Patrick Romero, CIPP
It appears that Congress is finally going to get involved in the regulation of behavioral targeting by internet companies. Representative Edward Markey (D-Mass.), head of the House Energy & Commerce Committee, says he and others plan to introduce comprehensive online privacy legislation in the coming congressional session. The law would require companies to collect the share the surfing habits of consumers only if individuals opt-in to the monitoring.
The issue of online behavioral tracking by online search engines, such as Google and Yahoo, for advertising purposes has been gained significant attention. Earlier this year, the FTC held an open forum on how to develop industry best practices in order to ensure the privacy of online consumers. While there was hope that the industry would police itself, it appears that eventually there will be some Congressional oversight as to what information can be collected from users online.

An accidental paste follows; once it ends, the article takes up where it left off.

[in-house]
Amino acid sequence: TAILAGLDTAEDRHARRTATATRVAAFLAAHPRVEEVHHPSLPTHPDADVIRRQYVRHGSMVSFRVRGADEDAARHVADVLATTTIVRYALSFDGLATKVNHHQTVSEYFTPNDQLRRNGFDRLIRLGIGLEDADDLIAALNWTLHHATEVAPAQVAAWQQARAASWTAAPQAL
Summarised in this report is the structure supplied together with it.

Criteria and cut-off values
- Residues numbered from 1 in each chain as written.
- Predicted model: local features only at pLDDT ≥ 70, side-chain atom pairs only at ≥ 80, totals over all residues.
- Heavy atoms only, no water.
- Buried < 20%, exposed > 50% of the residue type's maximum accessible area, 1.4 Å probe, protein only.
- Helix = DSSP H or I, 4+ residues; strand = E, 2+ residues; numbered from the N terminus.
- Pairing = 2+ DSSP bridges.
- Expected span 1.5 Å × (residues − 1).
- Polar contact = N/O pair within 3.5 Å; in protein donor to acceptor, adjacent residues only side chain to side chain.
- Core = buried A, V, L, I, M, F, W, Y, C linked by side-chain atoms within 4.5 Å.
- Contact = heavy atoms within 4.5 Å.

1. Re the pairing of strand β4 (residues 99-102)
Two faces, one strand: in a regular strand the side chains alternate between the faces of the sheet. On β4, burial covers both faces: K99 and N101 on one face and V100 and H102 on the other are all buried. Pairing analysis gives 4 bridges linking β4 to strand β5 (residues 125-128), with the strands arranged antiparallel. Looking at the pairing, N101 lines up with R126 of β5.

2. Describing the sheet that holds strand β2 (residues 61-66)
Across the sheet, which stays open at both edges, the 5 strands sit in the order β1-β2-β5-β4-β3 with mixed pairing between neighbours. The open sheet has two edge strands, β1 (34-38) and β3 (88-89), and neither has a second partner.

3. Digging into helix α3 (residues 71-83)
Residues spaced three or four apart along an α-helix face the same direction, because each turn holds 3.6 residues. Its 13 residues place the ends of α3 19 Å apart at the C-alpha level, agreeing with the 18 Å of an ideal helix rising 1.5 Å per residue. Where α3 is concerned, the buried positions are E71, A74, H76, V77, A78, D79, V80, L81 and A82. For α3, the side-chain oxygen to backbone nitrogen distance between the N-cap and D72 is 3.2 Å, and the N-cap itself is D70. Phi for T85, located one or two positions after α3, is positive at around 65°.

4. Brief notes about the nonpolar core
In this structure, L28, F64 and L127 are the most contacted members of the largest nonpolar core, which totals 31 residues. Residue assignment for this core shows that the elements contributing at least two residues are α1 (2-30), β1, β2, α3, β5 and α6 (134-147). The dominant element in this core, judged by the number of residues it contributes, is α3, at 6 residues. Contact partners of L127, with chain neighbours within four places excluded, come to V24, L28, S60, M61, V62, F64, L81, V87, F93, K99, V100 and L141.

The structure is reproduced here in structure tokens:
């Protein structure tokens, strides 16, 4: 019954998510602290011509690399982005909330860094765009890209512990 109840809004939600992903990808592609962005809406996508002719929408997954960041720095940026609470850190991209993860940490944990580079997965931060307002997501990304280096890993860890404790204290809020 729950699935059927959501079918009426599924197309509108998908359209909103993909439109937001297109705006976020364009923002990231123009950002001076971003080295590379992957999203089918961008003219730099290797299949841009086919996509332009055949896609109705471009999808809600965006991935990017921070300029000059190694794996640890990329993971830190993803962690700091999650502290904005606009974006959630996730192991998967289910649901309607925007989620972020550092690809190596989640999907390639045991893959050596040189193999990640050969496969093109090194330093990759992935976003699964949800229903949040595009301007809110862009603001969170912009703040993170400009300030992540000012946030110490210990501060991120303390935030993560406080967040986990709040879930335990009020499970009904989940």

The lack of transparency that is the current model among online advertisers has proven to be problematic. Consumer and privacy organizations have stated that individuals should always have to opt-in whenever their personal information is being gathered and they should always be aware of any monitoring of their online activity. Recent incidents have proven this to be true. Facebook recently faced public backlash when it set up its beacon program through an opt-out policy. The company was forced to issue a public apology and is currently being sued by its members for violating their privacy.
Industry leaders have been hoping that federal legislation will not be needed. However, companies continue to expand their ability to collect and monitor the information of internet users without clear policies protecting consumer privacy. It appears now that Congress will finally get on the bandwagon and clear the fog on the rules of online surveillance.